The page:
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Michigan Supreme Court Hears Wyoming’s Issues over Medical Marijuana
On Thursday, the Michigan Supreme Court heard arguments in a case that will decide if all communities can restrict the use of medical marijuana. In 2008, Michigan voters approved the Michigan Medical Marijuana Act, but the city of Wyoming created a strict ordinance restricting the application of the law within its jurisdiction.
The ACLU of Michigan has challenged the ordinance.
While the city of Wyoming has packaged the restrictive ordinance as a zoning ordinance, the court asked Wyoming City Attorney Jack Sluiter, whether the results of the zoning ordinance was any different from that of a ban.
Sluiter told the media, “We are not trying to ban medical marijuana use by citizens, we are attempting to regulate the cultivation of the growing, distribution, of marijuana in the city of Wyoming.”
Presenting a new and innovative take on the issue, Sluiter portrayed a veritable slew of harms arising from the use of medical marijuana.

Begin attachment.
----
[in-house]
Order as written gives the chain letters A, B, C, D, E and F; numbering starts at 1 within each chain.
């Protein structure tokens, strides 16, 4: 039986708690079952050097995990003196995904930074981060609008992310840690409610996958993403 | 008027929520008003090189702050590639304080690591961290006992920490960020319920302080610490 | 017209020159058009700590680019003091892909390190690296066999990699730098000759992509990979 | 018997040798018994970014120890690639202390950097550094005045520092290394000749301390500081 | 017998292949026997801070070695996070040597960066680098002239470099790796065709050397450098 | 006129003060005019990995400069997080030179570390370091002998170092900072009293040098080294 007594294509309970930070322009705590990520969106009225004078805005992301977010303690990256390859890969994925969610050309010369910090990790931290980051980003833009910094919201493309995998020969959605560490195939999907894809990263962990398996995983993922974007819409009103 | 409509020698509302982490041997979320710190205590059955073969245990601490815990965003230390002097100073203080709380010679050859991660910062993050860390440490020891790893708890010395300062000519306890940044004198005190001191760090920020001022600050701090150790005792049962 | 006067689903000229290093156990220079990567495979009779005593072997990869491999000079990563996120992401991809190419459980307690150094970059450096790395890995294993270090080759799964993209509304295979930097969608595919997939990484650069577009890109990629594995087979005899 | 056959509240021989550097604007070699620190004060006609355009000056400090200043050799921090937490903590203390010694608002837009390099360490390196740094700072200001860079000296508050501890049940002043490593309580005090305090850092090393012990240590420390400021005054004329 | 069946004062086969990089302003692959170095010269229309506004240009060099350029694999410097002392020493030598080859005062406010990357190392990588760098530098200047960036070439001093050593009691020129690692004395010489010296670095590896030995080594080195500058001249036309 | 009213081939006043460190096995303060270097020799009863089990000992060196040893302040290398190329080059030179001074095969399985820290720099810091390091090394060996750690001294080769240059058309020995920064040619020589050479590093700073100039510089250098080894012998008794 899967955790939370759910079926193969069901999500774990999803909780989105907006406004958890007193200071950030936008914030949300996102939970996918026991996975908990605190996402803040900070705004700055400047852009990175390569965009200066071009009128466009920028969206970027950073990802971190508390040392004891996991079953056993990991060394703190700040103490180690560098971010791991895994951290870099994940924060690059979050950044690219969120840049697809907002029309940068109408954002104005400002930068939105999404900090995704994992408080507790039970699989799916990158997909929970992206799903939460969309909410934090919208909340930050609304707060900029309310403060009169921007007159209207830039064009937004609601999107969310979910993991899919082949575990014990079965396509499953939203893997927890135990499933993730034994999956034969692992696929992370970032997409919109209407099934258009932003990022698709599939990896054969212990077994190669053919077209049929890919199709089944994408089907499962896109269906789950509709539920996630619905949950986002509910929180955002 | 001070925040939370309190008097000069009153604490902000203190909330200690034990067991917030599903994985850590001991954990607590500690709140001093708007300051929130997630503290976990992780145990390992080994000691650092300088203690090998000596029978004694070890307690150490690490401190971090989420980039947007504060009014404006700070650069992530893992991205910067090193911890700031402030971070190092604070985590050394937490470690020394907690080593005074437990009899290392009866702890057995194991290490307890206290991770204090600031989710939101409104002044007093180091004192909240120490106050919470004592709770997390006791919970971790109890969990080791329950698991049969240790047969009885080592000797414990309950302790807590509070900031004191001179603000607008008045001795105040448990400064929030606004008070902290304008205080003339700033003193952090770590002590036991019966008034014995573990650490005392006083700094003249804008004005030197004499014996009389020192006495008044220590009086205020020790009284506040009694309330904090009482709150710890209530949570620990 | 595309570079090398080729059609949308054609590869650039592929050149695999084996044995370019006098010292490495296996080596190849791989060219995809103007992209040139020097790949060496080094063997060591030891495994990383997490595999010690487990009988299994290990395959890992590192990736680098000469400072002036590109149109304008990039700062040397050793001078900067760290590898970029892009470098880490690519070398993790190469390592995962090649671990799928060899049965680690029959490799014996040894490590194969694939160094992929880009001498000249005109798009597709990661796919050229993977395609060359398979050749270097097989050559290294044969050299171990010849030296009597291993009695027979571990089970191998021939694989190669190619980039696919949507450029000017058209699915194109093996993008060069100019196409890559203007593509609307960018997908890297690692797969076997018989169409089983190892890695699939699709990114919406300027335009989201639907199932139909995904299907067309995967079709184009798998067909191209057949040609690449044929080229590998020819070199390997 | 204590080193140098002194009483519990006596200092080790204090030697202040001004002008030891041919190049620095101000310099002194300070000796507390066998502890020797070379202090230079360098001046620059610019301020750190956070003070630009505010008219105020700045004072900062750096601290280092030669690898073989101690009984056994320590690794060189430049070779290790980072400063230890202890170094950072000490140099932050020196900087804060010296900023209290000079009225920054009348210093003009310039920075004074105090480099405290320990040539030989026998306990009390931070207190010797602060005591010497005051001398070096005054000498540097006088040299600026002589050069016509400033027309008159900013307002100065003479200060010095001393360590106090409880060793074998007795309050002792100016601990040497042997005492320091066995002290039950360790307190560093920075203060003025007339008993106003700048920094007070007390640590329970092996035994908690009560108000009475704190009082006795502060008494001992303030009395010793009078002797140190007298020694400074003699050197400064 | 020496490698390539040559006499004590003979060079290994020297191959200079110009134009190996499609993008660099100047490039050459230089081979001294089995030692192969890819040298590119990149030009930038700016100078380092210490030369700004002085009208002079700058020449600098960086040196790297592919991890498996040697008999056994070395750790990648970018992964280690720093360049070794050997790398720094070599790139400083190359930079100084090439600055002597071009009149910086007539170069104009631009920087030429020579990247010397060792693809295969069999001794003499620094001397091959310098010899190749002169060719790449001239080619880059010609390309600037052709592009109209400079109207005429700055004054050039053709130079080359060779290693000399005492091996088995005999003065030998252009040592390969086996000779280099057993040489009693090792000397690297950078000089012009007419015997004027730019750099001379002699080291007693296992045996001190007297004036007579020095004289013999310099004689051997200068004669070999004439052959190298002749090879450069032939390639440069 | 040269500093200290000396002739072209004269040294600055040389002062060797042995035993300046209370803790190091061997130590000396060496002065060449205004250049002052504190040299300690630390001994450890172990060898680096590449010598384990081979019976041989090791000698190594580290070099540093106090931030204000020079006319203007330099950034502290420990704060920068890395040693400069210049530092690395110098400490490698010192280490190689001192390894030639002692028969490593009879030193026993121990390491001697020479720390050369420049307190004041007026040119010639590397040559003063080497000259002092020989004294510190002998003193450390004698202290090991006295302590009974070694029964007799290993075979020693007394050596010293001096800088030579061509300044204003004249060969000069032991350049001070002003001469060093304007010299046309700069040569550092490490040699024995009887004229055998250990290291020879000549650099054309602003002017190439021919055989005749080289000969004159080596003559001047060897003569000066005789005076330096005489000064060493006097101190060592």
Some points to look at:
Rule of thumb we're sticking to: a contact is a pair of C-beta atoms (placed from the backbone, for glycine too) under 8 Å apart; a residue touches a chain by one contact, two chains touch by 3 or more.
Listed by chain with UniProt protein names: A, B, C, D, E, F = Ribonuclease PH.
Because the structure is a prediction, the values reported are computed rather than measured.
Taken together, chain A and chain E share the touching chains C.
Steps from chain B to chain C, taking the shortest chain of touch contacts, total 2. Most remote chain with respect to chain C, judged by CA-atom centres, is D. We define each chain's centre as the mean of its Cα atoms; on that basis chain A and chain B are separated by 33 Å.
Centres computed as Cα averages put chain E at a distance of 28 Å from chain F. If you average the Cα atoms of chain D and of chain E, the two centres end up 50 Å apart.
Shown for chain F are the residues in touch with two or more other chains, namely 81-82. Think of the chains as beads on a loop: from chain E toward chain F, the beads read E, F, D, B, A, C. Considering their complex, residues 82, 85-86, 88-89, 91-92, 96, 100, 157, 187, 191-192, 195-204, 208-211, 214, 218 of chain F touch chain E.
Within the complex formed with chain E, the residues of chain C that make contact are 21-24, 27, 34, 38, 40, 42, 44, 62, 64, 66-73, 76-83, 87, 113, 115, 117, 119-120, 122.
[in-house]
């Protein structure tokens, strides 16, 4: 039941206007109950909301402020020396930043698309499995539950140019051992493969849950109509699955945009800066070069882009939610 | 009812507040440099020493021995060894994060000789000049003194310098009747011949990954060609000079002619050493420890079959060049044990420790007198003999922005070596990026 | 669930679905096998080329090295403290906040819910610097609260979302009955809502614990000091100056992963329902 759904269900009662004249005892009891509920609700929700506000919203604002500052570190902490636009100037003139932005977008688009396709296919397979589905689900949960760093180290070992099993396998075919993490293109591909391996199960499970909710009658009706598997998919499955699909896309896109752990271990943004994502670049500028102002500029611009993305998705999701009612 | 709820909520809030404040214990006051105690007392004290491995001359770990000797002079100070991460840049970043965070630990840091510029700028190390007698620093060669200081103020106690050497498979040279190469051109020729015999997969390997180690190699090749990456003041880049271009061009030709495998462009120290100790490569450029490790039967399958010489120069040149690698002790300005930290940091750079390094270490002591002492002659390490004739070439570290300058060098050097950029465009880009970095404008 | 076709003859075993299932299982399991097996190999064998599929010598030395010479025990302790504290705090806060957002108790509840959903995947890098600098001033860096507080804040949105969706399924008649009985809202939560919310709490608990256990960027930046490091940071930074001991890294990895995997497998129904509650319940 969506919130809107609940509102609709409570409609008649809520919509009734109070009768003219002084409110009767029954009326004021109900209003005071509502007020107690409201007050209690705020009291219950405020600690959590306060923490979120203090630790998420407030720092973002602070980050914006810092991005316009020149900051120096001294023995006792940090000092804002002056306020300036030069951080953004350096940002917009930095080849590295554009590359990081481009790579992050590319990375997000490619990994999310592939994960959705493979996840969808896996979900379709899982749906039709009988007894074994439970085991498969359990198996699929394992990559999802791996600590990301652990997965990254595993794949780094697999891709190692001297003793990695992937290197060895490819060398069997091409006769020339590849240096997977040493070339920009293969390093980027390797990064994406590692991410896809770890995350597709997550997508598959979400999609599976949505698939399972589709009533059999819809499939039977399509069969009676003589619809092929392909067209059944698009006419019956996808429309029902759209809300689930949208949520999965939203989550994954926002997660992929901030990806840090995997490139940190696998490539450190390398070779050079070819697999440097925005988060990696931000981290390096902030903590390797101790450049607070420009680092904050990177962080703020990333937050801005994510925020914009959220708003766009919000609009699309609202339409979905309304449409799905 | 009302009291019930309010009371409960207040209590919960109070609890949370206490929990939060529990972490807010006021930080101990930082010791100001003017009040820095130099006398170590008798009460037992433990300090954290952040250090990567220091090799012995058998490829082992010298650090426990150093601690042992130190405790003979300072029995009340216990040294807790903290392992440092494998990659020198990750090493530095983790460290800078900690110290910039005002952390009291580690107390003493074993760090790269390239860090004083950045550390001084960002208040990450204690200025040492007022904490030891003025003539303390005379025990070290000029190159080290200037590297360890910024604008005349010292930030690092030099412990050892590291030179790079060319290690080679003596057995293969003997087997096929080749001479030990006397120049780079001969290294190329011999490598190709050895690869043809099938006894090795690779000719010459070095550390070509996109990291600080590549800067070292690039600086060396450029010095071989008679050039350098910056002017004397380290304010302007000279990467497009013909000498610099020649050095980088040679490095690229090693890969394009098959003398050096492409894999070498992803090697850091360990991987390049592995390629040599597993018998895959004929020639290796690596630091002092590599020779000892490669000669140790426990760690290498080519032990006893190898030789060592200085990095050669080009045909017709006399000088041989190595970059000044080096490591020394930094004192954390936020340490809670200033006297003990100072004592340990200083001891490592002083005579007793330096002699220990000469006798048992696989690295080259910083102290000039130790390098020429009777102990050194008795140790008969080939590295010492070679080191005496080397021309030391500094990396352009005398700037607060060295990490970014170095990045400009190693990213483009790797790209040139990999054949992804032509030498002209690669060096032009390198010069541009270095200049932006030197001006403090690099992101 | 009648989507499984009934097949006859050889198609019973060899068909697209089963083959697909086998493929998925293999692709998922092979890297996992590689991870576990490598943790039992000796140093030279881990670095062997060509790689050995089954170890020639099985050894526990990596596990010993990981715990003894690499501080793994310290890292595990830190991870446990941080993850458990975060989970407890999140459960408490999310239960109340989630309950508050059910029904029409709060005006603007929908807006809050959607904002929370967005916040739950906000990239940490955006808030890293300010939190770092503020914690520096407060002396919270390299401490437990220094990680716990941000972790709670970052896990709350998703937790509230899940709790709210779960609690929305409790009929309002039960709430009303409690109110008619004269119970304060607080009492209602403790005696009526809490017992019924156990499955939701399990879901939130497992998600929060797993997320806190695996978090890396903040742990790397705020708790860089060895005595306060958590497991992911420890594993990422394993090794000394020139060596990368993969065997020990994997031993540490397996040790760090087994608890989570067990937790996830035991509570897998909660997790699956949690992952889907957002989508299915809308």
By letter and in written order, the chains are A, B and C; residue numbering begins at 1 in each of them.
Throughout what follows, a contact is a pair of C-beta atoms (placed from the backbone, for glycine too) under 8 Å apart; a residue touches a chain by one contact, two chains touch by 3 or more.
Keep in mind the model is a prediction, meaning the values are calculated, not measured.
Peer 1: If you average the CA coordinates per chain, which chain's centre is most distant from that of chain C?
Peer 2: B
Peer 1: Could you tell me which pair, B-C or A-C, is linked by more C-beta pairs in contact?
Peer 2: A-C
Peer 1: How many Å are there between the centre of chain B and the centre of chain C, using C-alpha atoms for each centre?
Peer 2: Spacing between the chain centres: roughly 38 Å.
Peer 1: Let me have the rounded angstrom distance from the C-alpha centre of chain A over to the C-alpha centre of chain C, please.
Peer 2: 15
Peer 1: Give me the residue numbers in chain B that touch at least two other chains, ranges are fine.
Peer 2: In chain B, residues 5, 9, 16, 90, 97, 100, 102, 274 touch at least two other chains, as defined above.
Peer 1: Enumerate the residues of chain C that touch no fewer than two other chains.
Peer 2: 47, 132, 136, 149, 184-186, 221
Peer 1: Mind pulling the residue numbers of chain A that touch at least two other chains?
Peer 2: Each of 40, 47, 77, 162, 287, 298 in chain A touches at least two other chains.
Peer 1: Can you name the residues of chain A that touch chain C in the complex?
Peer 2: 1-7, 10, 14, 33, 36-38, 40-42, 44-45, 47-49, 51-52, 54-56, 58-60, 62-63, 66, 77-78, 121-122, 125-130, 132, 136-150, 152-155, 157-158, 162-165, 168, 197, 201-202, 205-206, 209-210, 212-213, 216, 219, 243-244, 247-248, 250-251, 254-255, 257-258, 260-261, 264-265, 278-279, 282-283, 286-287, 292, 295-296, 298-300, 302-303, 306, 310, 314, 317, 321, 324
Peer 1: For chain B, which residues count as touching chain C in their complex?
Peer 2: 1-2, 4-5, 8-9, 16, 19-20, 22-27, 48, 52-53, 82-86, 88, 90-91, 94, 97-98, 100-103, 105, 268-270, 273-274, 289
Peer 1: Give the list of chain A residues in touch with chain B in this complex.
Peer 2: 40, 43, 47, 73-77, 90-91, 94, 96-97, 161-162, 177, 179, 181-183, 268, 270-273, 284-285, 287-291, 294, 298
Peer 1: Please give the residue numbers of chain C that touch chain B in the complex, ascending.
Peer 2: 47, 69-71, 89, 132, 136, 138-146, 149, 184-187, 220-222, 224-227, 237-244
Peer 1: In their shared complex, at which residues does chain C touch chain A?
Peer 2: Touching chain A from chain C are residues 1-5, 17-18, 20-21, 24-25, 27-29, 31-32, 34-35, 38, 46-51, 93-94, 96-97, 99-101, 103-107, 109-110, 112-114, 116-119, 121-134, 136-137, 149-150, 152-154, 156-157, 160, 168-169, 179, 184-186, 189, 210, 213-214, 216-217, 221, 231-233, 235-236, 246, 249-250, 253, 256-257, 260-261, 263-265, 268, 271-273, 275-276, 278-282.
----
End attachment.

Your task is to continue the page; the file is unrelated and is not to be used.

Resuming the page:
The Wyoming city attorney emphasized, “we’ve had break-ins, home invasions, theft involving medical marijuana …”
Highlighting another serious consequence of medical marijuana Sluiter said, “We’ve had fires involving medical marijuana because people are using grow lights and other things that are catching electrical systems and properties.”
However, the ACLU Michigan attorney Daniel Korobkin said, “They’re trying to nullify the Medical Marijuana Act within their city, and if they succeed there will be lots of cities that will try to do that but that’s for the same reason the people of Michigan had to go to the polls.”
However, Korobkin admitted that the court was clear that state and local authorities and state authorities have the power to take measures for safeguarding risks to public.
What remains to be seen is whether the city of Wyoming is successful in establishing that use of medical marijuana constitutes a public risk and to which extent.
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